We studied a series of 196 running injuries to determine the nature of the common injuries, the type of runners with the different injuries, specific factors causing the most common injuries, and the response of these injuries to correction of the biomechanical abnormalities believed to cause them. The four commonest injuries were 'runner's knee' (peripatellar pain syndrome) (22%), 'shin splints' (posterior tibial stress syndrome) (18%), the iliotibial band friction syndrome (12%), and chronic muscle injuries (11%). Within 8 weeks of following the biomechanically based treatment regimen, between 62% and 77% of the runners with the commonest injuries were completely pain-free and running almost the same training distance as before injury. Only 13% of runners were not helped at all, but most of these had not adhered to the prescribed treatment. The response of the iliotibial band syndrome to treatment was less predictable, however, and some runners who followed the advice faithfully were not helped. These data therefore confirm the importance of biomechanical factors in running injuries and indicate that practitioners involved in the care of injured runners need to know not only how to diagnose the conditions accurately but also which running shoes are appropriate for the different running injuries, how to detect subtle lower limb structural abnormalities, in particular foot abnormalities and leg-length inequalities, and when to prescribe in-shoe orthoses.
AD
PMID
6
TI
A retrospective case-control analysis of 2002 running injuries.
AU
Taunton JE, Ryan MB, Clement DB, McKenzie DC, Lloyd-Smith DR, Zumbo BD
SO
Br J Sports Med. 2002;36(2):95.
 
OBJECTIVE: To provide an extensive and up to date database for specific running related injuries, across the sexes, as seen at a primary care sports medicine facility, and to assess the relative risk for individual injuries based on investigation of selected risk factors.
METHODS: Patient data were recorded by doctors at the Allan McGavin Sports Medicine Centre over a two year period. They included assessment of anthropometric, training, and biomechanical information. A model was constructed (with odds ratios and their 95% confidence intervals) of possible contributing factors using a dependent variable of runners with a specific injury and comparing them with a control group of runners who experienced a different injury. Variables included in the model were: height, weight, body mass index, age, activity history, weekly activity, history of injury, and calibre of runner.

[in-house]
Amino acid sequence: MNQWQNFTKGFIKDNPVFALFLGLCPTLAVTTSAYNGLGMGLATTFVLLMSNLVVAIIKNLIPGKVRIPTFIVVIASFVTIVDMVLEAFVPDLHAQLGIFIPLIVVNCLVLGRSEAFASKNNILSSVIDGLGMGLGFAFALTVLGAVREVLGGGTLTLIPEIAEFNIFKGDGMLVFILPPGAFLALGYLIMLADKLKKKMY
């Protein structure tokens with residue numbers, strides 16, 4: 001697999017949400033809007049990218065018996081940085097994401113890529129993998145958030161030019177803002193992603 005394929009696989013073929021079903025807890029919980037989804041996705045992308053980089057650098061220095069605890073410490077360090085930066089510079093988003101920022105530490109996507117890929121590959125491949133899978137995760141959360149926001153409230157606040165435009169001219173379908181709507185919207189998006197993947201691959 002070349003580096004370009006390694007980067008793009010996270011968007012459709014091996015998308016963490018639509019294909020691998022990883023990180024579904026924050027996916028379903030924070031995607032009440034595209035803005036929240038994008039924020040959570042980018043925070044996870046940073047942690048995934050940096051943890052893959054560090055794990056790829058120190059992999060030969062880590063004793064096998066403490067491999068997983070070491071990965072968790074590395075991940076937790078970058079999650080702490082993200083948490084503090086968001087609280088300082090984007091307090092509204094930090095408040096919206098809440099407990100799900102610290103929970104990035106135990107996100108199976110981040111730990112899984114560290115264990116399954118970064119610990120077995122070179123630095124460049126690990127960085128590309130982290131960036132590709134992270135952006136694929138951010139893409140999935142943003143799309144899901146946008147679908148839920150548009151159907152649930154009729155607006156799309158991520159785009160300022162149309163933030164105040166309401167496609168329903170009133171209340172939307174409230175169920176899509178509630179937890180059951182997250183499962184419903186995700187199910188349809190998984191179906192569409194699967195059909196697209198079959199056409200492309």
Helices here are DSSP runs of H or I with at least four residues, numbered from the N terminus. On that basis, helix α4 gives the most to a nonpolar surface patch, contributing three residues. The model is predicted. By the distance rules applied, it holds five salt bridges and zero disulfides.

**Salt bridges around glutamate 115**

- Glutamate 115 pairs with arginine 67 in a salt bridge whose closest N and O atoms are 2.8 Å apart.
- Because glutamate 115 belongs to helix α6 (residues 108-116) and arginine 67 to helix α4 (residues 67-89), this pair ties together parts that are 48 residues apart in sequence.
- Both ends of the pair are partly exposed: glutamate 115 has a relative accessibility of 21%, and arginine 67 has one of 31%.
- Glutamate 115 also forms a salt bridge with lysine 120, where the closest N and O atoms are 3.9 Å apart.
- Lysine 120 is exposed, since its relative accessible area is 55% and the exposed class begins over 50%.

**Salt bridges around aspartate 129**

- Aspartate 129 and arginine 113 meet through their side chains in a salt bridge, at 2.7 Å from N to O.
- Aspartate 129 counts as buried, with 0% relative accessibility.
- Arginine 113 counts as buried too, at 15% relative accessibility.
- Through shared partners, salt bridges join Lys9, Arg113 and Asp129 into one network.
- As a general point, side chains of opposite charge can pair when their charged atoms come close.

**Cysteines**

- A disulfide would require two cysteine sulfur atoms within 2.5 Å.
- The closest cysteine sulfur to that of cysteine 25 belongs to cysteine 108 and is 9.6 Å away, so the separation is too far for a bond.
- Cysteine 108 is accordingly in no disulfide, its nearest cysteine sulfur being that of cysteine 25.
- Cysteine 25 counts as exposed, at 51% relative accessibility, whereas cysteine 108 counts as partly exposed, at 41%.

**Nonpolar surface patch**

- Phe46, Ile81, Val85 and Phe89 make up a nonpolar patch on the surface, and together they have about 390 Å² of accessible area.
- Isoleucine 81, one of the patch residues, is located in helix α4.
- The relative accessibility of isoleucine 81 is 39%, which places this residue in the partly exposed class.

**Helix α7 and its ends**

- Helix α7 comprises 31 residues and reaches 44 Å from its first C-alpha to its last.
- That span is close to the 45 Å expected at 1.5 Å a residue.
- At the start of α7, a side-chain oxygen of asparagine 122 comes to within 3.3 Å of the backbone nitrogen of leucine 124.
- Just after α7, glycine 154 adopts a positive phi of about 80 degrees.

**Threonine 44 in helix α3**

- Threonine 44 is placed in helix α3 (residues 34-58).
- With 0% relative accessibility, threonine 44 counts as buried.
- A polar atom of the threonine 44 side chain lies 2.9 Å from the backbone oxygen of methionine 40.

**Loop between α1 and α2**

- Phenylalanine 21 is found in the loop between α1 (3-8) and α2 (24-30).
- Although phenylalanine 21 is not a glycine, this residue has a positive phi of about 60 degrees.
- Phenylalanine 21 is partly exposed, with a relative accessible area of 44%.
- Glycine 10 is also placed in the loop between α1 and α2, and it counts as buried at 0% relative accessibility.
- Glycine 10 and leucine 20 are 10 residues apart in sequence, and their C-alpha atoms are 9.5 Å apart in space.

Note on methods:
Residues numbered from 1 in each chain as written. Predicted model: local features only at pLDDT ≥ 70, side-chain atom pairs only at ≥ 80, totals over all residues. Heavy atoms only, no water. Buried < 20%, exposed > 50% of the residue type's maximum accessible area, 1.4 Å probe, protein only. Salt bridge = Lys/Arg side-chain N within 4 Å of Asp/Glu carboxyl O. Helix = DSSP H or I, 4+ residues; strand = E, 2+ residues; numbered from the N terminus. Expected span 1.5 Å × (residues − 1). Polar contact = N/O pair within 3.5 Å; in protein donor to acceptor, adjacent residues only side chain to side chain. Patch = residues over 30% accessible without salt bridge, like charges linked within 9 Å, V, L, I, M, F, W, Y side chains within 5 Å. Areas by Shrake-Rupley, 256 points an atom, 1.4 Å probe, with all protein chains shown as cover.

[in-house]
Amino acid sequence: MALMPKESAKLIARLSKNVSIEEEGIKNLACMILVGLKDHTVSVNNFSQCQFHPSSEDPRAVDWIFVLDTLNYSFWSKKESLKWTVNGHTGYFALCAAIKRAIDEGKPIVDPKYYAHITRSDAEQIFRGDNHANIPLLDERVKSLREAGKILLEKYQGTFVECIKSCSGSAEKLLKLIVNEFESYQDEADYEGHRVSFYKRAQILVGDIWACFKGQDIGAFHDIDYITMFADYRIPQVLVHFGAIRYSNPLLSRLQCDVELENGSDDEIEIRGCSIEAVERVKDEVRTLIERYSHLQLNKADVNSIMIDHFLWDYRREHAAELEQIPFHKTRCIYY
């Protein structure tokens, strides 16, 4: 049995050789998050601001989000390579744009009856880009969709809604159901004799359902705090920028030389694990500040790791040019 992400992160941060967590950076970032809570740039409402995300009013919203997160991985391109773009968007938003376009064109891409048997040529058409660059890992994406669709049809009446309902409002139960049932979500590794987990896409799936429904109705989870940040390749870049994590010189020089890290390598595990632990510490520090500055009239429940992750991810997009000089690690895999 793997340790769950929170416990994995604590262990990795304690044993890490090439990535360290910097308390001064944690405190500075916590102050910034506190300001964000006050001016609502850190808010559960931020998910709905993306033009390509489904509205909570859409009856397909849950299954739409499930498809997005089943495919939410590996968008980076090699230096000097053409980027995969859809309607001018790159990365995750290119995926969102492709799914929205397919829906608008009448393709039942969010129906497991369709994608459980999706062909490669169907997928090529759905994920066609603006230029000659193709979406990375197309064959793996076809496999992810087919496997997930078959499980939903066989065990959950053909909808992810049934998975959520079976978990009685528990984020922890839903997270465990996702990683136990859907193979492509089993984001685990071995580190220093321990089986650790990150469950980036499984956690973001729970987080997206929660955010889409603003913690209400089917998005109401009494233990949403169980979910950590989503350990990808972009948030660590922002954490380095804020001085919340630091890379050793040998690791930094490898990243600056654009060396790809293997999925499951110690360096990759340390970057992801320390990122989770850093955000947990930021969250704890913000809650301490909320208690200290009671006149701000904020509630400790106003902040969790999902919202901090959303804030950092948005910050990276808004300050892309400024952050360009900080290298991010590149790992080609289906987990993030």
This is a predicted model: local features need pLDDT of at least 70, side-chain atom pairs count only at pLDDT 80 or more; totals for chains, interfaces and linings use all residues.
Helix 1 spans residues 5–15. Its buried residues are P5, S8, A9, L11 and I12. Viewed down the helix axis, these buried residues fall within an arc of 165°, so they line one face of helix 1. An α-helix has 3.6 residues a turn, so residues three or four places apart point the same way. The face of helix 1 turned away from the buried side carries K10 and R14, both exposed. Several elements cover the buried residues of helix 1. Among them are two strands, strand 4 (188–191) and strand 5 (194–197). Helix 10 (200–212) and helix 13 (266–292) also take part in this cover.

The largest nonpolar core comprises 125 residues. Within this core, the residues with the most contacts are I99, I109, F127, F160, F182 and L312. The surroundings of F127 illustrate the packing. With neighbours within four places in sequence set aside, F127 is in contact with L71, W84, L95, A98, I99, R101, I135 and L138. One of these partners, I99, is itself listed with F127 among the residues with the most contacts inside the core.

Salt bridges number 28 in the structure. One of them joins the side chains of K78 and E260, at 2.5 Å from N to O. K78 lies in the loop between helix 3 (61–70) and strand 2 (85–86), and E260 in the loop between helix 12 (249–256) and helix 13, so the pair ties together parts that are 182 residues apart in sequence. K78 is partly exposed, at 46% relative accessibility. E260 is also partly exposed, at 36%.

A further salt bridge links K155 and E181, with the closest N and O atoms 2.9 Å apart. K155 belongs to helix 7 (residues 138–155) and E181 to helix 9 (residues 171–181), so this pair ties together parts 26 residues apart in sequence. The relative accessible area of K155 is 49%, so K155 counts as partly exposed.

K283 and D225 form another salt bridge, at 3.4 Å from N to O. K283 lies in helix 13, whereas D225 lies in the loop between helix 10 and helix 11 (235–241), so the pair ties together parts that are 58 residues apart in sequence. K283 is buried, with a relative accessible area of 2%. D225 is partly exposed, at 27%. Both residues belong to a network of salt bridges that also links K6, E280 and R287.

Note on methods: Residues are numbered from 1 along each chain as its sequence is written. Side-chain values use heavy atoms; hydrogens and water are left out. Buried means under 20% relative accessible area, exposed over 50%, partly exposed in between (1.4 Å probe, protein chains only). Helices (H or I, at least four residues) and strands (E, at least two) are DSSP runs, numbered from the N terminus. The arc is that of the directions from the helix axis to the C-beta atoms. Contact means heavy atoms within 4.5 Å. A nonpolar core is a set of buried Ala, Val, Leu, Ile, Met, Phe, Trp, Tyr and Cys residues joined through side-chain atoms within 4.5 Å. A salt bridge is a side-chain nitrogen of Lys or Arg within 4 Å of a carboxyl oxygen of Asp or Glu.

RESULTS: Most of the study group were women (54%). Some injuries occurred with a significantly higher frequency in one sex. Being less than 34 years old was reported as a risk factor across the sexes for patellofemoral pain syndrome, and in men for iliotibial band friction syndrome, patellar tendinopathy, and tibial stress syndrome. Being active for less than 8.5 years was positively associated with injury in both sexes for tibial stress syndrome; and women with a body mass index less than 21 kg/m(2) were at a significantly higher risk for tibial stress fractures and spinal injuries. Patellofemoral pain syndrome was the most common injury, followed by iliotibial band friction syndrome, plantar fasciitis, meniscal injuries of the knee, and tibial stress syndrome.
CONCLUSIONS: Although various risk factors were shown to be positively associated with a risk for, or protection from, specific injuries, future research should include a non-injured control group and a more precise measure of weekly running distance and running experience to validate these results.
AD
Allan McGavin Sports Medicine Centre, Department of Family Practice and School of Human Kinetics, University of British Columbia, Vancouver, BC, Canada. jtaunton@interchange.ubc.ca
PMID